I've had a flip phone for years and years. And for the most part, I was happy with it. I don't get a whole lot of calls and it mostly existed for unusual circumstances. The one thing I had to admit it didn't do well was text, a fact that caused my teenage sons a great deal of angst when they were out and trying to have a conversation with me. Still, I resisted getting a smartphone because I don't like them.
I realize that the smartphone itself is an inanimate object, a tool to be used for good or ill. But everywhere I look, I see people with their heads down, engaged more with their phone than with the world or the people in front of them. I go to the park and see moms on their phones as their kids are trying to talk to them. I see toddlers being handed phones to amuse themselves. Go out to eat and all the people sitting at the table are interacting with their phones rather than with those around the table. Smartphones have made work a 24/7 experience with people always expected to be a text away regardless of what else they might be doing. It just makes me sad. In carrying the world in our pockets, we have lost something valuable in our interpersonal relationships.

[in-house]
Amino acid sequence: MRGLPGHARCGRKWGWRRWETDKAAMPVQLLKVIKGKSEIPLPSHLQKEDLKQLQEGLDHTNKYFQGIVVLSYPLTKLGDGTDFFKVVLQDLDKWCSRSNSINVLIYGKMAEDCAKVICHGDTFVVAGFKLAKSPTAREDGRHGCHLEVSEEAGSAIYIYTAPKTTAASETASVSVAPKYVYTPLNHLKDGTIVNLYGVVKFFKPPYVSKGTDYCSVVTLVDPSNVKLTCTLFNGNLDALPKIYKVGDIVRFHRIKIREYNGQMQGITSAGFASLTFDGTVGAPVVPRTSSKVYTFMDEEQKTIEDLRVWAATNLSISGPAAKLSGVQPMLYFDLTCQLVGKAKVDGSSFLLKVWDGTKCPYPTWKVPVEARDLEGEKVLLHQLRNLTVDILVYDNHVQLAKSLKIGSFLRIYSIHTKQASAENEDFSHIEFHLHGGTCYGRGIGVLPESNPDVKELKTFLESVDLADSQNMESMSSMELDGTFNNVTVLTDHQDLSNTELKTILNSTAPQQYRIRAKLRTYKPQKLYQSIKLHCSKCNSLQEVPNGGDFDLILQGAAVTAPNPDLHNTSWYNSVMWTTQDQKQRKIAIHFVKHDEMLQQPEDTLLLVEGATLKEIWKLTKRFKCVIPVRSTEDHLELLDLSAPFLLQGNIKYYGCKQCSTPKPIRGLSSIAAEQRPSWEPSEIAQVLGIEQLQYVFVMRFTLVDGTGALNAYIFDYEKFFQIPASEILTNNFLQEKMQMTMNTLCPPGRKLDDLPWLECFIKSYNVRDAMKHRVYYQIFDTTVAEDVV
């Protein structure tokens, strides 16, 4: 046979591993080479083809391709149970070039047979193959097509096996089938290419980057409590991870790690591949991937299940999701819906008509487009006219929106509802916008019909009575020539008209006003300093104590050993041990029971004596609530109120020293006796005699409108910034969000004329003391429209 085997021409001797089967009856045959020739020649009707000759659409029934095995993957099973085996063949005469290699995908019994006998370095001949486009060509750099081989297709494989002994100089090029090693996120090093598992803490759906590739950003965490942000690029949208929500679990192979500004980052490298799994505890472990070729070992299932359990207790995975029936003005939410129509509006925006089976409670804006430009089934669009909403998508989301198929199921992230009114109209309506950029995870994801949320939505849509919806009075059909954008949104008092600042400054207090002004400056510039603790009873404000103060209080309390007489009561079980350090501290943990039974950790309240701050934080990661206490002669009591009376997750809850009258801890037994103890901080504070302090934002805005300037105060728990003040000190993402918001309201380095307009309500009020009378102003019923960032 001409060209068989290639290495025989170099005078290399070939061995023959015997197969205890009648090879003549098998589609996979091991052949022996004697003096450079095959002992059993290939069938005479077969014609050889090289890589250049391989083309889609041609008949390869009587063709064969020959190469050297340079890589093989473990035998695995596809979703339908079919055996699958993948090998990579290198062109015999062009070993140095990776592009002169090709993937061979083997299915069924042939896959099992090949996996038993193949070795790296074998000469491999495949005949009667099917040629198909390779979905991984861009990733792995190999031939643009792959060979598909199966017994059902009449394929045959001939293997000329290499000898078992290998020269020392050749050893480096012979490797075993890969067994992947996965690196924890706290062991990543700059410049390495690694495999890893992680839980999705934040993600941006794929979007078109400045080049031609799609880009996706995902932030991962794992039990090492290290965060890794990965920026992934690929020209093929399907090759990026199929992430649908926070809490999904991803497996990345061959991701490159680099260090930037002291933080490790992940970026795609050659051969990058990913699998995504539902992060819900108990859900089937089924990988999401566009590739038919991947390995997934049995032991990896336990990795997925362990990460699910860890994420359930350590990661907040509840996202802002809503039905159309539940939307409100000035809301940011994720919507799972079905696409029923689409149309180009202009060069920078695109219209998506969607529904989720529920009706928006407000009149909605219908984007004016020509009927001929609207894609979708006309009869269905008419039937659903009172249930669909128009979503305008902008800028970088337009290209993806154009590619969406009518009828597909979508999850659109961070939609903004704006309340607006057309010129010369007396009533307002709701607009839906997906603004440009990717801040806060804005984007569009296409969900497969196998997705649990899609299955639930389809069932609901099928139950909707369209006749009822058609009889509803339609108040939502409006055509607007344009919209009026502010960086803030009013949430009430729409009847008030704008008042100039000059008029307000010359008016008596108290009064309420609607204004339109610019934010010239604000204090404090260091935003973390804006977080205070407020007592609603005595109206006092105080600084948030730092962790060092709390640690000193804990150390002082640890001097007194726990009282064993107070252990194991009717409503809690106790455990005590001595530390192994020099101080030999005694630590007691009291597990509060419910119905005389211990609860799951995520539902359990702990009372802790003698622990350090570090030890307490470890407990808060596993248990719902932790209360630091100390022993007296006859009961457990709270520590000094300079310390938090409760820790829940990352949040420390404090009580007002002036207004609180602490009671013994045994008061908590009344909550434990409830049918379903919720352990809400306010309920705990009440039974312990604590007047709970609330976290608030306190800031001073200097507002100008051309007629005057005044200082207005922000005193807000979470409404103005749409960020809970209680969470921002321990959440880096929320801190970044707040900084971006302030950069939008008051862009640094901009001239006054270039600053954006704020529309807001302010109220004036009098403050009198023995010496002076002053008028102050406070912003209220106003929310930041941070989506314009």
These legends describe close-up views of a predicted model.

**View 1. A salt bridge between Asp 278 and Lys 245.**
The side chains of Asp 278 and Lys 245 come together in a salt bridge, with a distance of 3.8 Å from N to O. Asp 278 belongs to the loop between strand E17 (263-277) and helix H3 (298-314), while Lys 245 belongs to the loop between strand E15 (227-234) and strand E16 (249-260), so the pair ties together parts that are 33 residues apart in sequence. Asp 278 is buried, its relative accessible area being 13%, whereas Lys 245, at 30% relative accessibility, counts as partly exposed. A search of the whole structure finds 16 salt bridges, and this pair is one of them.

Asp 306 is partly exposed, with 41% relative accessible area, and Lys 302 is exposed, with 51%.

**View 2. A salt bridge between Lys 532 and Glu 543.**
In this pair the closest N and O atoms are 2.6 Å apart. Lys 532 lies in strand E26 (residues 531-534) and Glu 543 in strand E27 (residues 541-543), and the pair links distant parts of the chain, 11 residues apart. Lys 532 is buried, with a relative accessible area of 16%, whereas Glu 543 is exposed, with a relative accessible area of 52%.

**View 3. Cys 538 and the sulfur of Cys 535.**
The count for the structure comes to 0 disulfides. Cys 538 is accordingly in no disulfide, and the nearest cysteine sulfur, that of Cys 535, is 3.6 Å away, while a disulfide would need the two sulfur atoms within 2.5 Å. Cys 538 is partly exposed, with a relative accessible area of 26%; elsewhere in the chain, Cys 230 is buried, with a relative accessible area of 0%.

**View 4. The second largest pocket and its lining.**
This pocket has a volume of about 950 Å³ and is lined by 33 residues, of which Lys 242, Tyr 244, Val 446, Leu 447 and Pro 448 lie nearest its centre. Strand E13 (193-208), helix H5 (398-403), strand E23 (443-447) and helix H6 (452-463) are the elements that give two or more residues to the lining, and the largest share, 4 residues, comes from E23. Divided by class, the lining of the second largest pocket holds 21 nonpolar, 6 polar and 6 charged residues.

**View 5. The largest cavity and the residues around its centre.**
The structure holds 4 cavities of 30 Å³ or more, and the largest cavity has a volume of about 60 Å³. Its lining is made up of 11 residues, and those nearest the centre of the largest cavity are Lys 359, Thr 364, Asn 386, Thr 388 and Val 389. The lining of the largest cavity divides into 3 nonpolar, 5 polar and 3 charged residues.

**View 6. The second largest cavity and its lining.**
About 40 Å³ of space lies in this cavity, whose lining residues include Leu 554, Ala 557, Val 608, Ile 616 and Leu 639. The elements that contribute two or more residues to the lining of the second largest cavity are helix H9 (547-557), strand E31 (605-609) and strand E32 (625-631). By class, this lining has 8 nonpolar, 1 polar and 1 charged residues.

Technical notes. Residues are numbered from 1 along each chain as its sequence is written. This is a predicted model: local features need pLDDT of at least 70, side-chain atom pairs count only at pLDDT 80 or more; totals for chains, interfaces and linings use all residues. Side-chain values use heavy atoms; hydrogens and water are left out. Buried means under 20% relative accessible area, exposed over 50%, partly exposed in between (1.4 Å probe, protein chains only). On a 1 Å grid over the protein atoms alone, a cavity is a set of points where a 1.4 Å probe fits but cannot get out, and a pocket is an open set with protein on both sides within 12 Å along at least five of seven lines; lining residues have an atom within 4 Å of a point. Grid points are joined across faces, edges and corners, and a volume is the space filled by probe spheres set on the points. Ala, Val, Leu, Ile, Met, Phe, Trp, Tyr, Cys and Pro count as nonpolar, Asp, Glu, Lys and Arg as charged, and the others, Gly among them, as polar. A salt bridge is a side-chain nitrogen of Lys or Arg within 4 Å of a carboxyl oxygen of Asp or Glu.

I work hard in my life to maintain a technology/life balance. It's necessary for my mental health. I want the technology to serve me, not the other way around.
In the end, though, I lost the battle. The male members of my household decided I needed one (see inability to text above) and there was a deal through our internet company that made it the same price as what I was paying for my prepaid flip phone. I could even keep my old number. I had no realistic argument I could make other than my own stubbornness, so I had to suck it up and accept the new technology into my life.
I've had it for a couple weeks now. I got it a pretty rose colored case and at son #2's suggestion, named it Juliet. There are things I do like about it. I enjoy having a camera with me everywhere I go and to be able to share pictures without having to hook up my camera to the computer and download the photos. The GPS has helped a couple times already seeing as I lack any innate sense of direction and get lost way more than any person should. I can now text in complete sentences. These are all good things.
I'm working hard to not have it be an appendage, to still only get online a few times a day and to maintain my weekend break from the computer. So far, so good. I don't enjoy having to fight the temptation, though, and despite the convenience find myself missing the days when technology wasn't with us everywhere we go.